2006 Prof. Frank Hadley Collins, Dir., Cntr. for Global Health and Infectious Diseases, Univ. of Notre Dame This 2006 photograph depicted a female Aedes aegypti mosquito while she was in the process of acquiring a blood meal from her human host, who in this instance, was actually the biomedical photographer, James Gathany, here at the Centers for Disease Control. Youll note the feeding apparatus consisting of a sharp, orange-colored fascicle, which while not feeding, is covered in a soft, pliant sheath called the “labellum, which retracts as the sharp stylets contained within pierce the host’s skin surface, as the insect obtains its blood meal. The orange color of the fascicle is due to the red color of the blood as it migrates up the thin, sharp translucent tube. The fascicle is composed of a pair of needle-sharp “stylets”. The larger of the two stylets, known as the “labrum”, when viewed in cross-section takes on the shape of an inverted “V”, and acts as a gutter, which directs the ingested host blood towards the insect’s mouth. As the primary vector responsible for the transmission of the Flavivirus Dengue (DF), and Dengue hemorrhagic fever (DHF), the day-biting Aedes aegypti mosquito prefers to feed on its human hosts. Ae. aegypti also plays a major role as a vector for another Flavivirus, “Yellow fever”. Frequently found in its tropical environs, the white banded markings on the tarsal segments of its jointed legs, though distinguishing it as Ae. aegypti, are similar to some other mosquito species. Also note the lyre-shaped, silvery-white markings on its thoracic region as well, which is also a determining morphologic identifying characteristic.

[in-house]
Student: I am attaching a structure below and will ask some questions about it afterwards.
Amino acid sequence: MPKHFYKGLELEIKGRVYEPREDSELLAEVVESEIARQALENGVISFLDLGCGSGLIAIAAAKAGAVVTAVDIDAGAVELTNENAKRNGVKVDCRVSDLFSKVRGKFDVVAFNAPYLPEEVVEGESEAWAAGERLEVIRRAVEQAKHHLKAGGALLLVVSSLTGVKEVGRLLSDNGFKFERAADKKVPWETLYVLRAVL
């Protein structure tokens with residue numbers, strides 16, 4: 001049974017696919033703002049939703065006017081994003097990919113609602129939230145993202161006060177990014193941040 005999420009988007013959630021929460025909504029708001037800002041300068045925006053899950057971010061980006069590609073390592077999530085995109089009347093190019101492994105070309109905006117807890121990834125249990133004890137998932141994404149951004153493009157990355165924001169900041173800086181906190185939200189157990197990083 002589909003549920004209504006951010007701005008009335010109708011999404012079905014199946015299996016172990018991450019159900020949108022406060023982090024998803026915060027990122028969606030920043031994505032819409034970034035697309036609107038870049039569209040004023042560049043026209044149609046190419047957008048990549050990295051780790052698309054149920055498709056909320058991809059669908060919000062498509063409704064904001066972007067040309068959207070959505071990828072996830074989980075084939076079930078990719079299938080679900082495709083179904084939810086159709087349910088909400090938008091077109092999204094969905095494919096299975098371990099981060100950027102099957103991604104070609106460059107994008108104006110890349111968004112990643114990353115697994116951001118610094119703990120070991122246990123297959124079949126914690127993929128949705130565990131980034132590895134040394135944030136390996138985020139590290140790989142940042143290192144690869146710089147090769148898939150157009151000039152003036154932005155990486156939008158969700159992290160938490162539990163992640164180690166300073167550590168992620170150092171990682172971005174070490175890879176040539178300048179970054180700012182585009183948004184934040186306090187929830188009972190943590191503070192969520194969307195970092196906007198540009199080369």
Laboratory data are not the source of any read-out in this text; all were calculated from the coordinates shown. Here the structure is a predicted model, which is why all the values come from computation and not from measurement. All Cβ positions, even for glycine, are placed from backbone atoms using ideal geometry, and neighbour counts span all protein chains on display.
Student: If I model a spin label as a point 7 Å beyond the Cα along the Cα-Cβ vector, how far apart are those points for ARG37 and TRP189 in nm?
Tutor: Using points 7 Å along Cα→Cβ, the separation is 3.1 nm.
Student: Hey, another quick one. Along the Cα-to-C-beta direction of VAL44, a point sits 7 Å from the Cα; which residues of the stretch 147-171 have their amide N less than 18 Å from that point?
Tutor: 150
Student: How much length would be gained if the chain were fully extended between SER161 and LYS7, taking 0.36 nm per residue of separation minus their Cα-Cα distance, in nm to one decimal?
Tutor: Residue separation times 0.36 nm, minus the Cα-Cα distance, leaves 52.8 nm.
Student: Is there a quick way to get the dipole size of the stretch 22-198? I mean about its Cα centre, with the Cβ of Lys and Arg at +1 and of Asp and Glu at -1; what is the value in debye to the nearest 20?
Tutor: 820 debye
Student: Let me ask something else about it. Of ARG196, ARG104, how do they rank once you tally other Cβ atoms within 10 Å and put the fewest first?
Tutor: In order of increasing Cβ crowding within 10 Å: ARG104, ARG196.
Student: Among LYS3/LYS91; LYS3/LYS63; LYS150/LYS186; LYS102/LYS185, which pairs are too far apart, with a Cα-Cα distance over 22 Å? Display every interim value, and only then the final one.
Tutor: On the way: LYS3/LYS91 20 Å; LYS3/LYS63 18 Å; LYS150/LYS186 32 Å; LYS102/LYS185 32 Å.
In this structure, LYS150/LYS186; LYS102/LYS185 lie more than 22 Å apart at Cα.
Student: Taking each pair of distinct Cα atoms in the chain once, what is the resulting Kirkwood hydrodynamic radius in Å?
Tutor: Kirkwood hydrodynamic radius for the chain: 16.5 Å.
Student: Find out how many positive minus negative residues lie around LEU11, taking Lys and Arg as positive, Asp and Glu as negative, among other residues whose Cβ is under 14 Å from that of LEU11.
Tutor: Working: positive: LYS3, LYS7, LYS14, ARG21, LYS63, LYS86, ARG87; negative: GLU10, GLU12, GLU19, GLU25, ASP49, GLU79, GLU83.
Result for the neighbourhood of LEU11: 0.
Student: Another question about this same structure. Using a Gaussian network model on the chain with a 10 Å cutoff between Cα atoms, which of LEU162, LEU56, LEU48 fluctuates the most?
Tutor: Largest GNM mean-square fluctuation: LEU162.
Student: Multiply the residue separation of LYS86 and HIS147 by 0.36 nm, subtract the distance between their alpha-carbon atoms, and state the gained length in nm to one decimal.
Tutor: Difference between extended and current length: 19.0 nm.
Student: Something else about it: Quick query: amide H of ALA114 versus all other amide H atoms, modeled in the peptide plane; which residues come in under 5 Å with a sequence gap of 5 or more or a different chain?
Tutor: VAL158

This females abdomen had become distended due to the blood meal she was ingesting, imparting the red coloration to her translucent abdominal exoskeleton.